ernment move to hold down pric-
es the Economic Stabilization Ad- I
ministration yesterday asked Gen-
eral Motors and Ford to suspend
auto price increases announced
this week, and requested other
motor car makers to withhold any
contemplated price boosts.
Meanwhile influential White
House officials said last night that
eventual price and wage controls
'SNOW RAIN-Nancy Isolampi, '52Ed, wipes the precipitation off the rear window of a student
car as old man weather took another turn for the worse yesterday afternoon. Continued snow
and freezing temperatures were predicted for the entire midwest area.
Las echol Conference Dtseuises
Gets Bequest 'CounselingA Iteaton
THE THIRD LEADING "outside candidate" is Harold Christian
Hunt, superintendent of the Chicago school system since 1947.
A graduate of the University in 1923 and the recipient of a
doctorate from Columbia in 1940, Hunt is only 48 years old. He
isdescribed as a driving "go-getter" and an impressive speaker.
During Hunt's administration as superintendent of Chicago's
schools he has built up a reputation as a forceful man who will have
his own way-brushing aside the petty shenanigans of the Cook
Some persons here on campus, however, feel that this very force-
fulness may cause the Regents to shy away from naming him to the
OTHER "OUTSIDE CANDIDATES" who are often mentioned as
r possible successors to President Ruthven, but who do not seem to
have such widespread support include:
1. Detlav W..Bronk, president of Johns Hopkins University
and an outstanding physicist, engineer and neurologist. Bronk,
who received his doctorate from the University in 1926, recently
was reported to have turned down the directorship of the Univer-
sity's Phoenix Project.
He is felt by many to be much too interested in his scientific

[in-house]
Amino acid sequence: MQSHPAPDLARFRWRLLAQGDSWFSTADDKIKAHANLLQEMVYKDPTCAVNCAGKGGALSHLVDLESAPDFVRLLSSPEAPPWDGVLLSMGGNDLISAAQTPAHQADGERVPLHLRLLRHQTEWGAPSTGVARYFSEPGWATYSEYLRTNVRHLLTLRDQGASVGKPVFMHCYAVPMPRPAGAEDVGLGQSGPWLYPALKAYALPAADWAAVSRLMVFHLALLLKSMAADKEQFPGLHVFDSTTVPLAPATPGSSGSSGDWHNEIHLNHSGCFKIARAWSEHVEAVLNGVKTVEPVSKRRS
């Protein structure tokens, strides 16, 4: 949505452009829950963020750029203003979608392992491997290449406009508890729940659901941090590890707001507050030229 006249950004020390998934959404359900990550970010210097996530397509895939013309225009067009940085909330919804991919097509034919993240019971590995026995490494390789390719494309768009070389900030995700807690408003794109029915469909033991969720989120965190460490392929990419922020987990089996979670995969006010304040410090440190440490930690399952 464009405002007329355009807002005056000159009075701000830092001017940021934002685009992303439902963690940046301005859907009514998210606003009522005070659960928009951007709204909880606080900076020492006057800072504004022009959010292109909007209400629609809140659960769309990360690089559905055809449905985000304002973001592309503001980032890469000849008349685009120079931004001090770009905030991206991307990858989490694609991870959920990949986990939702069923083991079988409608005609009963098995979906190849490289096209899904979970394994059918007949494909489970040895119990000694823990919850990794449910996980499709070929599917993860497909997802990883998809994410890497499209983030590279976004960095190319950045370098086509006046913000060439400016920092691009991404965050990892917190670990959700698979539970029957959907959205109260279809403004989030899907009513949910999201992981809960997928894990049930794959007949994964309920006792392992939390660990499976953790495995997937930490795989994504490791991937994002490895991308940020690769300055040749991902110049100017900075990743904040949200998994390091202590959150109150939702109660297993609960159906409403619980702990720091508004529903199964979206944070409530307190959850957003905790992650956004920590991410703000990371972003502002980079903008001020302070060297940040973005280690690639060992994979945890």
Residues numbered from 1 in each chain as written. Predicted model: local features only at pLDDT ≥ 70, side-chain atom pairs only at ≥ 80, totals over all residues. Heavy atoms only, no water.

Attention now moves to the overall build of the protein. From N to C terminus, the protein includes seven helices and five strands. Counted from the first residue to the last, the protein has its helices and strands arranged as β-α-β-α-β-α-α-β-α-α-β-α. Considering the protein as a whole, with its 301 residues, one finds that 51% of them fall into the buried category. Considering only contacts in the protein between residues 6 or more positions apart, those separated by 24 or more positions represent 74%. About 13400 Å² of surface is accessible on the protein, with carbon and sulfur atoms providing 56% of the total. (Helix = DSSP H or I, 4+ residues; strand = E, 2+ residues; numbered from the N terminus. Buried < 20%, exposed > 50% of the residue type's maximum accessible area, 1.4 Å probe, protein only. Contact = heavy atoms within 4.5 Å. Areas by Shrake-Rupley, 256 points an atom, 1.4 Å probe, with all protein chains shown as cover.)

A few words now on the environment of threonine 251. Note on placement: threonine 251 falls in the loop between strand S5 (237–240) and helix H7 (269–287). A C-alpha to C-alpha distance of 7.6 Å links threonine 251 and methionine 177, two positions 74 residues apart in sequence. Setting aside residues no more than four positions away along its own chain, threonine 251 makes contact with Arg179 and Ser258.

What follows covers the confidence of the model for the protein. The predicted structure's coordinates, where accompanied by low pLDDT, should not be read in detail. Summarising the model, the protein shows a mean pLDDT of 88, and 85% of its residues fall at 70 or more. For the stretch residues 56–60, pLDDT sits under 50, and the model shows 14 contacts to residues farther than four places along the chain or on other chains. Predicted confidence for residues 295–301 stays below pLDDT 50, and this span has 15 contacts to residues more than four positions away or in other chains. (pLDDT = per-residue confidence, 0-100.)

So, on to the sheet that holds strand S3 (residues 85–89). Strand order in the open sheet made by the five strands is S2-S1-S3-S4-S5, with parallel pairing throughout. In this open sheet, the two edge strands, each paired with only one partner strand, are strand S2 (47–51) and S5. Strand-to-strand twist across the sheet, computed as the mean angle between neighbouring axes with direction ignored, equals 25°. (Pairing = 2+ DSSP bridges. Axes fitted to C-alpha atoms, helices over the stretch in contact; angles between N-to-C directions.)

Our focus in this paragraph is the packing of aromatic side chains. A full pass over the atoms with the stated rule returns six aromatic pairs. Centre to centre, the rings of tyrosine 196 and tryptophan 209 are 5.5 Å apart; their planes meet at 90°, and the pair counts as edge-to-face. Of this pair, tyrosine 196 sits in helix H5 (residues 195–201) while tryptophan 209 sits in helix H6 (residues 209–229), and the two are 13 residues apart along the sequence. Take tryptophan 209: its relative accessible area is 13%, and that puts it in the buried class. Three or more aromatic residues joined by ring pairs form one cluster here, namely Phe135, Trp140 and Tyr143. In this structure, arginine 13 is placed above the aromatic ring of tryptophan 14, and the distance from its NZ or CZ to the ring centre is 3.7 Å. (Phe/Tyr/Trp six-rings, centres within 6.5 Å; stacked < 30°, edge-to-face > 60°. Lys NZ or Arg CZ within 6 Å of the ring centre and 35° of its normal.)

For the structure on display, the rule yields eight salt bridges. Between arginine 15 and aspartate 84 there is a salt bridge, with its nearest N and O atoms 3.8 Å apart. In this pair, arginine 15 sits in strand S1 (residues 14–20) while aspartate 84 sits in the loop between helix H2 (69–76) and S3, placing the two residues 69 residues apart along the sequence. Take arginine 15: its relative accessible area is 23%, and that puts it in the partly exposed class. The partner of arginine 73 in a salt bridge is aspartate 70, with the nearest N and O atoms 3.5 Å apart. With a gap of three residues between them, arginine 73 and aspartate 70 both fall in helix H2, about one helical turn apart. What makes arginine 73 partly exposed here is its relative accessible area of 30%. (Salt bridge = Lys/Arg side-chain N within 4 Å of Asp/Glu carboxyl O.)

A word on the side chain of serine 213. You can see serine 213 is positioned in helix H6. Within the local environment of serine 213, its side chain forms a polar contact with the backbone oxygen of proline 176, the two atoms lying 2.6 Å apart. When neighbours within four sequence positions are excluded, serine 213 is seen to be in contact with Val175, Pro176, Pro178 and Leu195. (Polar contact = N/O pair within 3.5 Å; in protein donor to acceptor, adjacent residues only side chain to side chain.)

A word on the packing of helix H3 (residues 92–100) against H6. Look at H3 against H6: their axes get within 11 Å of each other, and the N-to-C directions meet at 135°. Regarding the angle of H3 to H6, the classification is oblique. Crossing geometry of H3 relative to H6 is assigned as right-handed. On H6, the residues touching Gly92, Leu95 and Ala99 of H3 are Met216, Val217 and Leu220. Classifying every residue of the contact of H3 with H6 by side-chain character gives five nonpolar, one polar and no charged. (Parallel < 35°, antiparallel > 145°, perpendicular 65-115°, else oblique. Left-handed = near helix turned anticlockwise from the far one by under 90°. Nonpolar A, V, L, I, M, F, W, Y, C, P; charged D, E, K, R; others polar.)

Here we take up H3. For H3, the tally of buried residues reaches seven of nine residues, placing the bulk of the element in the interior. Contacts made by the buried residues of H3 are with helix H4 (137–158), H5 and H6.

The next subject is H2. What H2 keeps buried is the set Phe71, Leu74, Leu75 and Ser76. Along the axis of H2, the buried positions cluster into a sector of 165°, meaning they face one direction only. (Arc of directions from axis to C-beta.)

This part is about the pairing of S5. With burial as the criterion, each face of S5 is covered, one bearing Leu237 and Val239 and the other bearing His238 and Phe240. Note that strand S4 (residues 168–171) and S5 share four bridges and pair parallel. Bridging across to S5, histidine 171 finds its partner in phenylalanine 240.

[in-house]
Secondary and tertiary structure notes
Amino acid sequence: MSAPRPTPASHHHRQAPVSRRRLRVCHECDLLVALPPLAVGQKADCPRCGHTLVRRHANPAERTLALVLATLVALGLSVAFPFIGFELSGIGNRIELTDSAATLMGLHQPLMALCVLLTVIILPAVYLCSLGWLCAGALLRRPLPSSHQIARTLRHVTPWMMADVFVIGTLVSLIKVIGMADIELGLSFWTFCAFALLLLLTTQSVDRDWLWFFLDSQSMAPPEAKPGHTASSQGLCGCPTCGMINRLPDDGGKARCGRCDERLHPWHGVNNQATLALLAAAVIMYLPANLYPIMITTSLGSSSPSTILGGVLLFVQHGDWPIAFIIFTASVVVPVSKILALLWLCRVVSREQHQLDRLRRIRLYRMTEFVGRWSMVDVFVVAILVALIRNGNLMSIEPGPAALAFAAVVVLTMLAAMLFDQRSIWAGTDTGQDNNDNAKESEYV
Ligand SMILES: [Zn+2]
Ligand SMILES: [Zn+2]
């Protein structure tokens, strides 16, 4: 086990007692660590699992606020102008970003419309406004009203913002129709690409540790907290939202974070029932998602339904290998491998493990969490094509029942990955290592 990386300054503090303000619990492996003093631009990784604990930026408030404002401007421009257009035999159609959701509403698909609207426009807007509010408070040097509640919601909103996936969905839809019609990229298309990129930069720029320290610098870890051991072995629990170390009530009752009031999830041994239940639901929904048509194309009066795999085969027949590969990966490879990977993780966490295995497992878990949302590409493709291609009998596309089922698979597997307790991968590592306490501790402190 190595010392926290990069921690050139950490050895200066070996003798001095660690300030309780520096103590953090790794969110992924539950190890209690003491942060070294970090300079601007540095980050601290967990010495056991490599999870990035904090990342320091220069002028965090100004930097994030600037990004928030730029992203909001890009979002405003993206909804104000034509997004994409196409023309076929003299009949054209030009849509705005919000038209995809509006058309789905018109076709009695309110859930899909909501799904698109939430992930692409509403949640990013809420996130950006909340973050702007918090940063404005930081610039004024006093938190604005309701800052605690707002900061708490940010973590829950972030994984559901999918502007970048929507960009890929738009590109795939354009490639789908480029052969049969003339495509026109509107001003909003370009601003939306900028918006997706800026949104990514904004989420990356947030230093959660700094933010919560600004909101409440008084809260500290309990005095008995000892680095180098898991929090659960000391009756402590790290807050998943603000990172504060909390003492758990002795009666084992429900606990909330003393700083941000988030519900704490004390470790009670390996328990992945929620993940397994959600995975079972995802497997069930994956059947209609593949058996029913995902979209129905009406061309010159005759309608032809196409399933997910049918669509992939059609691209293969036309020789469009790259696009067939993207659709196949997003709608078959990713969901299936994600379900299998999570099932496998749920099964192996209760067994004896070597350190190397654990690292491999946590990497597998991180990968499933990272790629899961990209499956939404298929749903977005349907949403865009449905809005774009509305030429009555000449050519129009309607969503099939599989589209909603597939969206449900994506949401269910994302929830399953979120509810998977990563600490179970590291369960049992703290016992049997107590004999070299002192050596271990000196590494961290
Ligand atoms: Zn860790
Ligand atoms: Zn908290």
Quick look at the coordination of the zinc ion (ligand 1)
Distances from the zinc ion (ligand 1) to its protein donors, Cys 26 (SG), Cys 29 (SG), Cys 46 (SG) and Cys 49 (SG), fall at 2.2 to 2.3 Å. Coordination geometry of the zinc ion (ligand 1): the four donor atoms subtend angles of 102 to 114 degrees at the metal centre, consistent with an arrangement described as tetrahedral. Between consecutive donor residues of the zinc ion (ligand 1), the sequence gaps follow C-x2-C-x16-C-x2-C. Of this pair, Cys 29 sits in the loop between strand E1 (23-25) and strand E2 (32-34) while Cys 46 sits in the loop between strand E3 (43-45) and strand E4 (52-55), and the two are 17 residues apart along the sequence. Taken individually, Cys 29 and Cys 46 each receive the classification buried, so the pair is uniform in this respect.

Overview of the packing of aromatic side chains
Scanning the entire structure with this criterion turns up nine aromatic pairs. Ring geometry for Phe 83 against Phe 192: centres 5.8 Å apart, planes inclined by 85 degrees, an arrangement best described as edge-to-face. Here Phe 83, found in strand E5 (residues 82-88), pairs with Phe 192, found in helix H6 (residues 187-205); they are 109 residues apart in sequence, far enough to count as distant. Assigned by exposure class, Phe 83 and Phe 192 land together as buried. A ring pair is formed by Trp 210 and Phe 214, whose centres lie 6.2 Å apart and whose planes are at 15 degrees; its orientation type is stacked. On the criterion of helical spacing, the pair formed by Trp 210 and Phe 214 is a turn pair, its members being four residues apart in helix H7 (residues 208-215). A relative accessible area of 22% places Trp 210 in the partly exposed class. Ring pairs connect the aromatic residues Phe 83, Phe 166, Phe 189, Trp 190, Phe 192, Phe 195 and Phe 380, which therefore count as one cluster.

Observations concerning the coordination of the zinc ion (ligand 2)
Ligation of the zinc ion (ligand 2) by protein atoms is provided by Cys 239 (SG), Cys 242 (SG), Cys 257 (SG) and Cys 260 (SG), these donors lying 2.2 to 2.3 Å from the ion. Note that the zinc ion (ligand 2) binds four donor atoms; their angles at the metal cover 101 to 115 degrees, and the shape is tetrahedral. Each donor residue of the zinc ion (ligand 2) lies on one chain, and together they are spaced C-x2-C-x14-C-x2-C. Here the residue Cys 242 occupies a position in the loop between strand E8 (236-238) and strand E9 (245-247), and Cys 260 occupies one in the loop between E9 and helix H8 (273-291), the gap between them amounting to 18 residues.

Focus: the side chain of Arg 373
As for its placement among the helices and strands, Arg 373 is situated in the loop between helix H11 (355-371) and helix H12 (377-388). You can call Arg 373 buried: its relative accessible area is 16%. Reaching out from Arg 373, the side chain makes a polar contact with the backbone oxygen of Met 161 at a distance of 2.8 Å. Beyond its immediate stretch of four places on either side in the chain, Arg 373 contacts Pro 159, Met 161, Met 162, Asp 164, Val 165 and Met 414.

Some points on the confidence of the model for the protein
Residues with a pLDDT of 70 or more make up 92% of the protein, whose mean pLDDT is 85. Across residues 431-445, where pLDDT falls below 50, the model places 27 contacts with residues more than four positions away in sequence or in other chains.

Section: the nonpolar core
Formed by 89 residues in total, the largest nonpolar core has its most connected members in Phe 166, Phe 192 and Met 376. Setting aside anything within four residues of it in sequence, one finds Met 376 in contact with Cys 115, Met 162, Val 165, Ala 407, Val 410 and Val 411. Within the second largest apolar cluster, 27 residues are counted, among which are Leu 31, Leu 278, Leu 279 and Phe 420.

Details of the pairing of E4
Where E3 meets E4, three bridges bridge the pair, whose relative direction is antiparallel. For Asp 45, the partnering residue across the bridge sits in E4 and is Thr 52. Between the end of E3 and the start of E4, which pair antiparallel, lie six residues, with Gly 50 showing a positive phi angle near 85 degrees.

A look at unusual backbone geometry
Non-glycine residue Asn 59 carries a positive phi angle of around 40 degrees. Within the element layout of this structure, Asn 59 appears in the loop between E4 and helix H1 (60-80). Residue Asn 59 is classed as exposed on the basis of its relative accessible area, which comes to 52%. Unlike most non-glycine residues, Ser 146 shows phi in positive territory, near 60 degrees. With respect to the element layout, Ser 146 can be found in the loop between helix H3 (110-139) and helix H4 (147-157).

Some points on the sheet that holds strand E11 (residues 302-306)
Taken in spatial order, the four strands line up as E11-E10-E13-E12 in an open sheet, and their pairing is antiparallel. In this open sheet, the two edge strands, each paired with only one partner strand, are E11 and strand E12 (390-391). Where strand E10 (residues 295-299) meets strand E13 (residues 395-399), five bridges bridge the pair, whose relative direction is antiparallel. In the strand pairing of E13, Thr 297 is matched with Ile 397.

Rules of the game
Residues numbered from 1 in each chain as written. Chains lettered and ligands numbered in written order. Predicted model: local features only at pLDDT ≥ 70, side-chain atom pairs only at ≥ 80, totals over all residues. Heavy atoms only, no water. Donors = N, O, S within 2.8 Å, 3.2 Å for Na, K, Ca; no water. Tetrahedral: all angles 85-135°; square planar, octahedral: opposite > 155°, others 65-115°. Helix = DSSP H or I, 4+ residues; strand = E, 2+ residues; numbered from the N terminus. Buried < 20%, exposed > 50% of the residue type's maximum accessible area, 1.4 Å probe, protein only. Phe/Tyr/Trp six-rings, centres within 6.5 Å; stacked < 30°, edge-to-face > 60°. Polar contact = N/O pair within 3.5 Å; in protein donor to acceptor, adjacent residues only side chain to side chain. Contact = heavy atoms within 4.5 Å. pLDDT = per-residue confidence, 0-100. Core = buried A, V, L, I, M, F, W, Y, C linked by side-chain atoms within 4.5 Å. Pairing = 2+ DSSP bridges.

research to be seriously considered for the presidency by the Regents.
2. John Ewart Sterling, president of Stanford University.
A graduate of the'University of Toronto, Sterling is a noted his-
torian and was director of the Hoover War Library from 1932 to
1949, when he became president of Stanford. He is 44 years old.
3. William Pearson Tolley, chancellor of Syracuse University.
Tolley is an outstanding theologian and educator who has also had
r considerable business experience-having served as a director of the
New York Telephone Company and the First Trust and Deposit Co.
Graduated from Syracuse in 1922, Tolley later received his
doctorate from Columbia. He is 50 years old.
4. Henry Townley Heald, president of the Illinois Institute of
Technology. A highly respected educator and civil engineer, Heald
is a graduate of the State College of Washington.
TWO OTHER PERSONAGES are also mentioned as possible
"candidates" for President Ruthven's job. The first, John A. Hannah,
president of Michigan State College, is well known to Michigan resi-
Although Hannah has done a remarkable job of rebuilding
State, it is felt by many that he lacks the stature and the reputa-
tion as an educator to accede to the presidency of the University.
In addition, there is some doubt as to whether he would accept
the job if it were offered him, since, it is pointed out, "he would
encounter no weak faculty here."
* * * *
THE FINAL "outside candidate" is Chester H. Lang, national
director of the University's Phoenix Project fund-raising campaign.
A vice-president of the General Electric Company, Lang is an ex-
tremely energetic organizer and administrator.
Since he is now 57 years old, the Regents may feel that he is too
old for the presidency of the University, however.
By The Associated Press
NEW YORK-Chiang Kai-Shek
said yesterday lre favors an in-
vasion of the Chinese mainland
by his own Nationalist forces from